It is written in a such a way that one can visualize the story as vividly as if watching a well made, well acted movie epic, and it is just as engaging. One does not need any previous knowlewdge about who Takeda Shingen or Yamamoto Kantsuke were for one to get drawn into the plot.

It is surely informative, but it is also fun to read, and at the end it leaves the reader wanting for more.

I wholeheartedly recommend it.
2 of 2 people found the following review helpful
5.0 out of 5 stars An excellent novel about a ruthless general, a terrifying warlord and an absolutely exceptionnal woman 6 Jun 2012
By Darth Maciek - Published on Amazon.com
Format:Paperback
This novel is mostly the story of an extraordinary warrior and general who lived in XVI century Japan. Yamamoto Kansuke (1501-1561) came to prominence late in his life, as he entered the service of the legendary Shingen Takeda only in 1543, as one of his advisors. He was very short (in some sources he is even called a dwarf) but with surprisingly strong and long hands and very large shoulders (in some sources he is even described as a hunchback). Because of an accident in childhood he became lame and also lost an eye and scarred his face - and it seems that his face was a rather unsettling sight... But this strangely shaped and damaged body contained the spirit of an excellent strategist. It is generaly considered, that Yamamoto Kansuke's advice greatly helped Shingen Takeda to rise from a petty local castle holder to the position of one of main players in the great fight for power other all Japan. His skills were however put to the great test when the Takedas had to fight the Uesugi clan and its extremely able leader. The climax of this confrontation was the dramatic and tragic fourth battle of Kawanakajima, described in this book in great detail.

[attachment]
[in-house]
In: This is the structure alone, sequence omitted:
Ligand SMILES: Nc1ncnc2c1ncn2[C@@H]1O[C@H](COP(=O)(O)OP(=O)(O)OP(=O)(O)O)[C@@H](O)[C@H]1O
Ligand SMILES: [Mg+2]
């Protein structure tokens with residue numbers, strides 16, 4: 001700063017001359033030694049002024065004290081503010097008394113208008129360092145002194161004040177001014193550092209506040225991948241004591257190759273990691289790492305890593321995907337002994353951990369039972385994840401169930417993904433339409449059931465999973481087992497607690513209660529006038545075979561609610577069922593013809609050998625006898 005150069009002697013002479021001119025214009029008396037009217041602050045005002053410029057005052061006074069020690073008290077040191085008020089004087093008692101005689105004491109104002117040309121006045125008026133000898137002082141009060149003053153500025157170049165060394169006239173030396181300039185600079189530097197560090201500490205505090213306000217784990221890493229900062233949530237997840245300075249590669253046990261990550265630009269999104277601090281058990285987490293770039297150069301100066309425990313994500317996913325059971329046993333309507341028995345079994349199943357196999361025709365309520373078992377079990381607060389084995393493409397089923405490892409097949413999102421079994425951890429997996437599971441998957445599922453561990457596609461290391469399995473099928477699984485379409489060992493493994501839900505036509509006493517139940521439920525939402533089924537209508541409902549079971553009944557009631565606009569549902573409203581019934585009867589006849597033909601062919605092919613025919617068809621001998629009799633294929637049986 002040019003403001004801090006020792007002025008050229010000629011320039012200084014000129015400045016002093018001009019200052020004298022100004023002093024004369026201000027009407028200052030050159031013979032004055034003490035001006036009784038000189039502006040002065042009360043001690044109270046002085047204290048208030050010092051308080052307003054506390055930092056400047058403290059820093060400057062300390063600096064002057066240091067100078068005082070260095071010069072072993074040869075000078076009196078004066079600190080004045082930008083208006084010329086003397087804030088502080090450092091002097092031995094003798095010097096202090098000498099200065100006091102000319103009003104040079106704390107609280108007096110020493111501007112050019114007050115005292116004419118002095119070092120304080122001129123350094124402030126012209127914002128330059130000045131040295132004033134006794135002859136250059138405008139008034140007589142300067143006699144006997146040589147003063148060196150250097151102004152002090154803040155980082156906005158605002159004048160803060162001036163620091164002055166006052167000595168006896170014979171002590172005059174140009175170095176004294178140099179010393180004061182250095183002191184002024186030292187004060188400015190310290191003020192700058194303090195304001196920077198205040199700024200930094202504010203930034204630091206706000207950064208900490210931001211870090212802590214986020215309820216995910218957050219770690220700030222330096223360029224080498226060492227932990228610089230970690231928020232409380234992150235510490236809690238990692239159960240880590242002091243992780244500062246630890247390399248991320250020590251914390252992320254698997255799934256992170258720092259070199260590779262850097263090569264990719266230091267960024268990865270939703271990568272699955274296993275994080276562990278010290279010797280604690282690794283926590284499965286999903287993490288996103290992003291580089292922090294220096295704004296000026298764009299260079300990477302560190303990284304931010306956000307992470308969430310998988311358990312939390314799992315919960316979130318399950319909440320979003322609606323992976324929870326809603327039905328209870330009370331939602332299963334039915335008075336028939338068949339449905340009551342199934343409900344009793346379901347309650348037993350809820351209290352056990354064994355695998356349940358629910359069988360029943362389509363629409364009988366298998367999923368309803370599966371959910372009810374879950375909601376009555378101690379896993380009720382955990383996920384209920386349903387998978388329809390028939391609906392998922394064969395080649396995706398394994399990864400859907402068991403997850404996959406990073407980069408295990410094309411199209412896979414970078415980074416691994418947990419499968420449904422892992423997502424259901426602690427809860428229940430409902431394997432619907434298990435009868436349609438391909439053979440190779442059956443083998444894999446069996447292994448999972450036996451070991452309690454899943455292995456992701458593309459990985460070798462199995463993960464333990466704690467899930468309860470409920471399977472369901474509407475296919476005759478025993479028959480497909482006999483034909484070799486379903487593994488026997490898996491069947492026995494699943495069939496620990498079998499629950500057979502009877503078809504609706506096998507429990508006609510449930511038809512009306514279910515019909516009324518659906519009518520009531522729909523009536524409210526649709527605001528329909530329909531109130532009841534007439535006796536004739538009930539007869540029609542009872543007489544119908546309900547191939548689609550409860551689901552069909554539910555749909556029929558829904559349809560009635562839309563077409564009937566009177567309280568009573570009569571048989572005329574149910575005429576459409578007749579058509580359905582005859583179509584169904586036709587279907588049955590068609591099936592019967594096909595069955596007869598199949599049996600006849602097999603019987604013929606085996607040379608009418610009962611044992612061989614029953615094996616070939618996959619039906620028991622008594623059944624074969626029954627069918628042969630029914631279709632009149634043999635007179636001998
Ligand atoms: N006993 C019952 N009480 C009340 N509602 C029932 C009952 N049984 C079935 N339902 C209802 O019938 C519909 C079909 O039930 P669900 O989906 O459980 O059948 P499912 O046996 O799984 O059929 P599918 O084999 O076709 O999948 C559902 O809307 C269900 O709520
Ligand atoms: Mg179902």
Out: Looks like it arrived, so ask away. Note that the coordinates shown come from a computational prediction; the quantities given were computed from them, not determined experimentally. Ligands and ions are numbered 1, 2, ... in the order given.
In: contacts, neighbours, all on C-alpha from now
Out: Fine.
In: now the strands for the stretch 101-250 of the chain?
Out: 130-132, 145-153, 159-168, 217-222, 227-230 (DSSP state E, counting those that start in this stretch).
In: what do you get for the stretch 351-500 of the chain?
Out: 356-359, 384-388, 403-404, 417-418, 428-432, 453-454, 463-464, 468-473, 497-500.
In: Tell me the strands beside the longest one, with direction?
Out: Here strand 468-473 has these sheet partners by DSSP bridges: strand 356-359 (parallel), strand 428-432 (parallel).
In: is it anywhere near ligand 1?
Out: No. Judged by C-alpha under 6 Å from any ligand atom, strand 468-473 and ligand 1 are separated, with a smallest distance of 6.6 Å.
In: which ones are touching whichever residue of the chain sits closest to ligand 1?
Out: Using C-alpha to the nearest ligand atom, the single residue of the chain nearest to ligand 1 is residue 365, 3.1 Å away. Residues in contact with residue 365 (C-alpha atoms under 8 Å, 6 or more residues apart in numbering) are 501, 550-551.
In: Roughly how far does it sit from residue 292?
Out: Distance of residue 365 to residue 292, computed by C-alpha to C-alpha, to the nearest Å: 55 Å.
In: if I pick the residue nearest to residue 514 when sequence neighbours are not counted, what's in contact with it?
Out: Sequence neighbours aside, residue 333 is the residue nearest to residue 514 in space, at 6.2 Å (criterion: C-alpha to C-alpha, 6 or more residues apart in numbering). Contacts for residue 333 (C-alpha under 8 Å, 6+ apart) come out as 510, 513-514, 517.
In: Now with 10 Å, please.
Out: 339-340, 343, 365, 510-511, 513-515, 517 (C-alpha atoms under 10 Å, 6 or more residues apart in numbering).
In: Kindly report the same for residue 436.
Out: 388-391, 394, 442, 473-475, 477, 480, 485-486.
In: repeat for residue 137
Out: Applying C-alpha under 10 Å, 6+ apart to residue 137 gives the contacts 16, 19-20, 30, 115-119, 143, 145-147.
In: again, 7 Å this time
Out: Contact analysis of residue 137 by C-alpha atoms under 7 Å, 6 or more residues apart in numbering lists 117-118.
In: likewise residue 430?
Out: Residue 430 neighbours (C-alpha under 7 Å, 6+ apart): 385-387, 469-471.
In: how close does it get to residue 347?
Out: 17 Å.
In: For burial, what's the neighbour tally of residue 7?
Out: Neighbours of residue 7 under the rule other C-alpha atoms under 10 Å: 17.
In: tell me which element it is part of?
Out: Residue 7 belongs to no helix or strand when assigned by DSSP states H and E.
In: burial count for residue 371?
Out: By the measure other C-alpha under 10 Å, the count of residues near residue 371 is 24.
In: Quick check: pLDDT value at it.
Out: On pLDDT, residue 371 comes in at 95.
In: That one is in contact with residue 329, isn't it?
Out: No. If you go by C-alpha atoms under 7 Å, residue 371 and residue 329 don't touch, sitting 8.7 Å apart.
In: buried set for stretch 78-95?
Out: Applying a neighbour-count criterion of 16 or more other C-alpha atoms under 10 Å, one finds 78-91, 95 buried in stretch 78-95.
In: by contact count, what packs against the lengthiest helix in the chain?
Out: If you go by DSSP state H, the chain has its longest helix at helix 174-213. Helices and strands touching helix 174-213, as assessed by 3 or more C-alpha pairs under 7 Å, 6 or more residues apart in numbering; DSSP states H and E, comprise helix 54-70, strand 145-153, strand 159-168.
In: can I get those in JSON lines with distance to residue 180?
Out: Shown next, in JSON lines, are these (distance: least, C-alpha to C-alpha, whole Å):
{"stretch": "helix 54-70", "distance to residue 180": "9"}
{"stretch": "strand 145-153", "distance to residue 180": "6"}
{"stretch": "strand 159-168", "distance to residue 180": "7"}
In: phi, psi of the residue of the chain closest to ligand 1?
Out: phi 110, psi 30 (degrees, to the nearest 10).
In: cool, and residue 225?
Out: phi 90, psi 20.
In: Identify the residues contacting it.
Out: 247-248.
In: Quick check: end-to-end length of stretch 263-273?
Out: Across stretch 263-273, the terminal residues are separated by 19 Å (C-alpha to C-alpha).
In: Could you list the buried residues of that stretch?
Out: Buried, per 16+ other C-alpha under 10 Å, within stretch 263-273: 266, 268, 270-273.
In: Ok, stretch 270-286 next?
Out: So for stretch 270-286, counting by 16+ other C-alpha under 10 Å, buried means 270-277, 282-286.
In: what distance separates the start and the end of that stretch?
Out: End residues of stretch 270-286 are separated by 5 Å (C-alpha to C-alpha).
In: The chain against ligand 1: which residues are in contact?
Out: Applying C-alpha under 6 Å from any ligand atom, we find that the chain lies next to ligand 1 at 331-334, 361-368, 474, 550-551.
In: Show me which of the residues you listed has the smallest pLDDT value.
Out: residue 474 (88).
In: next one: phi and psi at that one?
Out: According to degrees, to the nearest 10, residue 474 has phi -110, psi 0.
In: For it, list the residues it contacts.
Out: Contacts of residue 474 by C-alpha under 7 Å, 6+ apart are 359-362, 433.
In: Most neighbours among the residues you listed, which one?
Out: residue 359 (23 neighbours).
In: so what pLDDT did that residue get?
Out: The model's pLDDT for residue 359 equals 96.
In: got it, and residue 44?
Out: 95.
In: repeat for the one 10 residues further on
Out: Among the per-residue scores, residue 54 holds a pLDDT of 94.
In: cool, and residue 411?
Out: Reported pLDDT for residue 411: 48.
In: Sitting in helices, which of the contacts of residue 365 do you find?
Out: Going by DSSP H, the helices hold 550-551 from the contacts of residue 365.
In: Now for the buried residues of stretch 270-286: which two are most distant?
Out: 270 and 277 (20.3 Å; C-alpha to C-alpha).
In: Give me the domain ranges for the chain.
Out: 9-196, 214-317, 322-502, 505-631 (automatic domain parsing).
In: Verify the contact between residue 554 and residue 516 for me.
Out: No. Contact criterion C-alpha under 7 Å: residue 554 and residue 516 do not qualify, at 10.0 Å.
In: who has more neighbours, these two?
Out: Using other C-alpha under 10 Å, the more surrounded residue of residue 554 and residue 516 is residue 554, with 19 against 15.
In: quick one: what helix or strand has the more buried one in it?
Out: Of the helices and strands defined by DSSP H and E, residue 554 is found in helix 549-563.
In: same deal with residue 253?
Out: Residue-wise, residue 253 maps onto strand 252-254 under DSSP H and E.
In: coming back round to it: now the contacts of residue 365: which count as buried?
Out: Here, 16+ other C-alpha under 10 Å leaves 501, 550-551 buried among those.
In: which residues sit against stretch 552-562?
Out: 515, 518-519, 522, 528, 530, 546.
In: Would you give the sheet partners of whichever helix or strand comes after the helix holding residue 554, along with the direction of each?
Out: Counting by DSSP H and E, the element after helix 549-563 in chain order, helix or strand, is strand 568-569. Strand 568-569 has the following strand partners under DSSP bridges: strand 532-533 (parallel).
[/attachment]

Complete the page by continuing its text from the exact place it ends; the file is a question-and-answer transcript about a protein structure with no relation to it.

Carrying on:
The second great figure of this book is Takeda Shingen himself, a fierce and terrifying warlord who fascinated generations of writers and filmmakers (Kurosawa's "Kagemusha" is the story of the Takeda clan and its leader). The relations between the lord and his master strategist are like a chess game between two brilliant minds and they make an excellent read.

But possibly the most extraordinary person in this book is a woman - but to avoid spoilers I will not say much about her. Let's just say, that she is at least as intelligent as Kansuke and Shingen and although seemingly completely devoided of all power and influence she will leave possibly the most significant imprint on the whole story...

Once you read this book it can be a good idea to watch the great movie "Samurai banners" (1969) which is a very faithful adaptation of this book, with Toshiro Mifune as Yamamoto Kansuke. Also, once you are familliar with this story, watching Kurosawa's "Kagemusha" is a good idea, as it shows the future history of Takedas, their great army and their legendary banner "Furin Kazan"...
2 of 2 people found the following review helpful
2.0 out of 5 stars Boring & Juvenile 18 April 2013
By John - Published on Amazon.com
Format:Kindle Edition|Verified Purchase
Though many people seemed to like this book I personally found the writing to be rather childish and boring. I could not get invested in the characters and lost interest about a quarter of the way in. If possible, get a sample and check it out for yourself before buying.